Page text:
You can’t be certain about much in M&A but here’s one thing we confidently predict: cyber due diligence (‘DD’) will be the next big thing to feature in transactions as a separate, stand-alone due diligence exercise. Today’s technology DD tends to focus on issues such as systems compatibility, and whether the vendor has up-to-date licences and a robust business continuity plan. Up until now, cyber DD has been a subsidiary element of the process. The increasing threat of cyber attacks and the number of high profile breaches are driving a significant change in corporate mind-set. There is also the clear message, being pushed hard (and increasingly incentivised) by the government and institutions such as the Bank of England, that businesses must sharpen their risk awareness and strengthen their cyber security defences. According to one recent survey, 90 per cent of large UK companies, and 74 per cent of small businesses, experienced a malicious IT security breach over the past year. There is no shortage of horror stories. In July, the dating website Ashley Madison was breached, with hackers subsequently carrying out their threat to post details of accounts online. The breach has potentially compromised its users – for whom which the presumption of complete discretion will have been critical – and has almost certainly jeopardised the plans for the company’s planned IPO on the London Stock Exchange. Following swiftly on the heels of the Ashley Madison debacle – personal details of up to 2.4 million Carphone Warehouse customers were broken into, with up to 90,000 customers having their encrypted credit card details accessed. Or take the story, published by the UK government as a recent case study, in which an un-named FTSE-350 company (which itself was an exemplar of good cyber-security practice) took over a small business. It inherited the very poor state of that company’s network security, and as a result suffered a sustained compromise of its own shortly after completing the acquisition. The investigation identified that the company’s adversary had unfettered access to the whole network for a period of more than a year and had stolen data related to new technology. Read more about the security debate:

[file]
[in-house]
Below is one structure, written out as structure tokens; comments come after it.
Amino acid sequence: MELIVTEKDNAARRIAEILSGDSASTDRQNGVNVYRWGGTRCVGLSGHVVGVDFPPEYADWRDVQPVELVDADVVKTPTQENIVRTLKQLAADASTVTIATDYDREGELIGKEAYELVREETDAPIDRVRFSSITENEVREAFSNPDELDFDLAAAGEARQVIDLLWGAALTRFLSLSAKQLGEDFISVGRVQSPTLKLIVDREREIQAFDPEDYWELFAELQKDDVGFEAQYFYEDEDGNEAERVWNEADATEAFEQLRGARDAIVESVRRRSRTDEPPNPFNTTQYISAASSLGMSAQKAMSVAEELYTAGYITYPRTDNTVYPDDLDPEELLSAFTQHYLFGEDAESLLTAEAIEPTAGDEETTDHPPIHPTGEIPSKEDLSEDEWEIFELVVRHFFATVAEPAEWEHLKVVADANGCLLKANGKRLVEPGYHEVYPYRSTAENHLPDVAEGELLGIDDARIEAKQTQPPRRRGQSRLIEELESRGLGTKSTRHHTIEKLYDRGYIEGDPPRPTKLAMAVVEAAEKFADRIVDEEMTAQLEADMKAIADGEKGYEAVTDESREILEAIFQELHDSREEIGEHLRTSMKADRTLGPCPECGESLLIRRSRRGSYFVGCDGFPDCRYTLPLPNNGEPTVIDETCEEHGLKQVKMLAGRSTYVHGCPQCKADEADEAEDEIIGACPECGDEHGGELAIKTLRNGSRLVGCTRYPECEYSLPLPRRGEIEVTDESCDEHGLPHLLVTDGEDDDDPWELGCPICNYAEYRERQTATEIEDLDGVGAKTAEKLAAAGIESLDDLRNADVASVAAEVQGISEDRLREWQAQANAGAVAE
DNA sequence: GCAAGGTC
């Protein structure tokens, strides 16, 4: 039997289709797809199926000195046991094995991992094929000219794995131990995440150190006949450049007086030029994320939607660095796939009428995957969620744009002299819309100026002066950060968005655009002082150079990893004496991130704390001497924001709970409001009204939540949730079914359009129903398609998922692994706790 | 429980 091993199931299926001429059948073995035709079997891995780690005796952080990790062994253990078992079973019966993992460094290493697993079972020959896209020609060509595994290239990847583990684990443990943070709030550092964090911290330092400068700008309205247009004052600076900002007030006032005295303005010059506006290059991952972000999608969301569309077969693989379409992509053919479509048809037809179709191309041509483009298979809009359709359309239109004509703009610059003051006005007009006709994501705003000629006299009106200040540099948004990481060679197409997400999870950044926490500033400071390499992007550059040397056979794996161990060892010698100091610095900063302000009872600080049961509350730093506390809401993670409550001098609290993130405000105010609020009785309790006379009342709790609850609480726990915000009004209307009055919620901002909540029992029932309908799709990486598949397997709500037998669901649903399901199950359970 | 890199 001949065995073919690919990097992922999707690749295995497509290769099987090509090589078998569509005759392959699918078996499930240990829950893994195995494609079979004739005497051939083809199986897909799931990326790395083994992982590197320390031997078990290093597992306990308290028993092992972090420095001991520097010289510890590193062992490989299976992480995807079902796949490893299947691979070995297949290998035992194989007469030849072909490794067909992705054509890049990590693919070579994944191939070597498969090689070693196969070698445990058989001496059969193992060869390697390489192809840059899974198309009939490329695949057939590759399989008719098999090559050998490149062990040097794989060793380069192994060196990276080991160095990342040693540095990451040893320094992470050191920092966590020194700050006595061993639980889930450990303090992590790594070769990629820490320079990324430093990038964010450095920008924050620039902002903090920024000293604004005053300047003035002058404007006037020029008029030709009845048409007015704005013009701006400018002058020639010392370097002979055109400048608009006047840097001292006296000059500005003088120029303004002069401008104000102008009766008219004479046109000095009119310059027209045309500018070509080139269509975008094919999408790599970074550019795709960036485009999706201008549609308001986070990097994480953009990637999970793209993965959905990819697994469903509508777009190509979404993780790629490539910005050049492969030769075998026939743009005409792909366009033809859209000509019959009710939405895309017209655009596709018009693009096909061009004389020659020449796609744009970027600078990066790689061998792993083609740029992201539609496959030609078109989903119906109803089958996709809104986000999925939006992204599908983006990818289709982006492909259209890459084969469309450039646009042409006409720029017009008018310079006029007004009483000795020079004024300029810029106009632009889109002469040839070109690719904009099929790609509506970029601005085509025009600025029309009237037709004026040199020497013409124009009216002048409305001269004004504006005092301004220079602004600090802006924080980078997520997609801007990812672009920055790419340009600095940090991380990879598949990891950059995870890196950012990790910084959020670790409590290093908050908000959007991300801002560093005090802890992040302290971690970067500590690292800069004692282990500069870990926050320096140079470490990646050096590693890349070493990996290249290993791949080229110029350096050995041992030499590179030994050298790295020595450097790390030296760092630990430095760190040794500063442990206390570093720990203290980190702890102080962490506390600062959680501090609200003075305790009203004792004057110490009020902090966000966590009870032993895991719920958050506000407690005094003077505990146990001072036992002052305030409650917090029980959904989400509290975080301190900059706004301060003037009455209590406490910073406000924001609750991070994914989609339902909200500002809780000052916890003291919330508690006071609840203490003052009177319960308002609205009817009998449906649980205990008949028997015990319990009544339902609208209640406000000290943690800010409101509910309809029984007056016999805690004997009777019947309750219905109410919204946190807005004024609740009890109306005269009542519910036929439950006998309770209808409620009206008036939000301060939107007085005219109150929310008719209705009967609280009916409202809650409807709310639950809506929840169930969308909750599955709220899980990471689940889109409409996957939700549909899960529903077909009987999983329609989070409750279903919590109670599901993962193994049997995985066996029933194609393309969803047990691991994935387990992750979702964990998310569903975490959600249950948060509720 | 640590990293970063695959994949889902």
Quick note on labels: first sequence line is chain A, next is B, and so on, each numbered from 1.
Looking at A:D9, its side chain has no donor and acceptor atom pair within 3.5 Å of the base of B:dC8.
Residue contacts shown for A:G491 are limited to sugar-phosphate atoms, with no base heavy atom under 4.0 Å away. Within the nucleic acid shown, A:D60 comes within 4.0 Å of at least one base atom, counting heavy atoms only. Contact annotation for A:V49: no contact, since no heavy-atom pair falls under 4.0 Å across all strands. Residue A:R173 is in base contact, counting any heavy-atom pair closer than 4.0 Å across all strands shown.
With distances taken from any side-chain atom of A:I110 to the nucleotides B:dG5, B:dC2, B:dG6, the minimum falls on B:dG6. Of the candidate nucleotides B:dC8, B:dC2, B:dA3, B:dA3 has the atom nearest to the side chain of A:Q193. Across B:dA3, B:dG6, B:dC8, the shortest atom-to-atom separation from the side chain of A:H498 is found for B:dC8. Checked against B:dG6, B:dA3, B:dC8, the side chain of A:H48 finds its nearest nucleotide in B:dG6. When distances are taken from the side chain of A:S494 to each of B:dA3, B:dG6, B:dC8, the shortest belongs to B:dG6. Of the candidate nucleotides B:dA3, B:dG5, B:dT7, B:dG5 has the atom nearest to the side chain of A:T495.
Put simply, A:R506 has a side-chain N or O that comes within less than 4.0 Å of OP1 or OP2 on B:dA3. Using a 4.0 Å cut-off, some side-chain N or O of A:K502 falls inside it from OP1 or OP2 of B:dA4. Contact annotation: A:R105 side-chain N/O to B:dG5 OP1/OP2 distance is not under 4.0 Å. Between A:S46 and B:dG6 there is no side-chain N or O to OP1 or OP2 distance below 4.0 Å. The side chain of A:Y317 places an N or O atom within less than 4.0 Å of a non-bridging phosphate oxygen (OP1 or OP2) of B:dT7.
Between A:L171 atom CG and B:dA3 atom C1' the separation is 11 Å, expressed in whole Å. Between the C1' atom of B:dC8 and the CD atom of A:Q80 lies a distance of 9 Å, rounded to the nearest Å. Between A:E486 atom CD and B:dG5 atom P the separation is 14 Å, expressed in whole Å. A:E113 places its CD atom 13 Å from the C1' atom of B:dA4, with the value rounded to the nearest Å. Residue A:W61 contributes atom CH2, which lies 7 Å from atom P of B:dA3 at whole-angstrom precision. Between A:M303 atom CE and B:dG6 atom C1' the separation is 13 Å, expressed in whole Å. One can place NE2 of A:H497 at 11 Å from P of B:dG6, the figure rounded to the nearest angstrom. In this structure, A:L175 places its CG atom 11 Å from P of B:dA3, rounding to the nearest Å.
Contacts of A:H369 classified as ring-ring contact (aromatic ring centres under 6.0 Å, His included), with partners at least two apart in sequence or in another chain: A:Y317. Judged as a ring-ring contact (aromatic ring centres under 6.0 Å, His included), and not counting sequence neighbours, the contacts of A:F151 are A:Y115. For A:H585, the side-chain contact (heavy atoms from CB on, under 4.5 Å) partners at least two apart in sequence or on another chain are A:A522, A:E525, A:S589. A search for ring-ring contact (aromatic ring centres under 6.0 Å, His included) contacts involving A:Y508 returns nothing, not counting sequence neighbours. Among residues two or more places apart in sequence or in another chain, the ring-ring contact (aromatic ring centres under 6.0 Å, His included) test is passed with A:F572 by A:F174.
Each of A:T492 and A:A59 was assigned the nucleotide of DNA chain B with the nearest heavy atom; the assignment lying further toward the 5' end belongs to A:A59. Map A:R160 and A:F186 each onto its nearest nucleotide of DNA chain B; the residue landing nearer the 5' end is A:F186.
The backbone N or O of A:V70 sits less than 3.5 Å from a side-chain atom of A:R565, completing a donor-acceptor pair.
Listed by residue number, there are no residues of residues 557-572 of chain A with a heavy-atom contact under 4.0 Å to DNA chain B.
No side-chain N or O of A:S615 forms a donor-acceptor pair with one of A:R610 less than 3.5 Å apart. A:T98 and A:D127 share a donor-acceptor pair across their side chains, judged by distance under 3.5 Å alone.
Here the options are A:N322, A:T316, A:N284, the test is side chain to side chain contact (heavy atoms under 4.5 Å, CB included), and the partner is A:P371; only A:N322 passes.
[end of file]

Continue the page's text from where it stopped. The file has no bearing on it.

Acquirers of companies are increasingly aware of these perils. In a survey published last year by Freshfields Bruckhaus Deringer, 90 per cent of respondents across US and Europe believed that information about cyber security weaknesses or breaches would reduce the sale price, while 83 per cent said that identified past data breaches, or a cyber incident mid-deal, would make an impact on that transaction. Increasingly, cyber security will be analysed in depth or specifically quantified as part of the acquisition process. If you want to see the future of cyber DD, look at a cutting-edge sector such as defence. One major defence company we know has walked away from transactions, after signing heads of agreement, solely because of concerns about cyber security. Another industrial client has a clear policy of not integrating its acquisitions for a good period after deal completion, in order to check its cyber security scrupulously. This is to prevent a “Typhoid Mary” scenario, where a breach in the systems of the acquisition leads to a breach in the parent company. Of course, many enterprises won’t attract a great deal of interest from the criminal and hacking communities, let alone the attention of national intelligence services. The value of many businesses resides in the proprietary technology, customer information and data they hold – and that means that the security of that data will be fundamental to capturing that value. If your business is part of a large and complex supply chain, then you may be targeted as its weakest link. Increasingly the government requires suppliers to meet minimum standards such as those embodied in Cyber Essentials, the government-backed, industry-supported scheme to help organisations protect themselves against common cyber attacks. Large OEMs are looking to audit the security of their supply chains, whilst loss of IP through a breach will compromise the fruit of years of investment. Ultimately, cyber security is an aspect of protecting value. As with so many aspects of preparing a business for sale, there is much that an owner-director should be doing. Identify your most important data assets and how those assets are collected, used, stored and retained. Show how your internal data controls protect that data from being leaked or stolen (given that most breaches are the result of human behaviour, this will be about demonstrating a sustained effort to create and maintain awareness of security throughout the workforce, supported by appropriate training and validated by periodic reviews by external specialists – rather than just installing software patches.) Keep records of past security breaches and what actions were taken as a result. Develop a breach response plan. Assess the cyber security credentials of your sub-contractors – and customers. IT security should now be a question on every acquirer or investor’s mind. For prospective sellers, being able to show that this issue has been taken seriously, and how underlying IP has been protected successfully is becoming increasingly critical to achieve a strategic price on exit. Graham Carberry is the MD of defence and security at Livingstone Corporate Finance.
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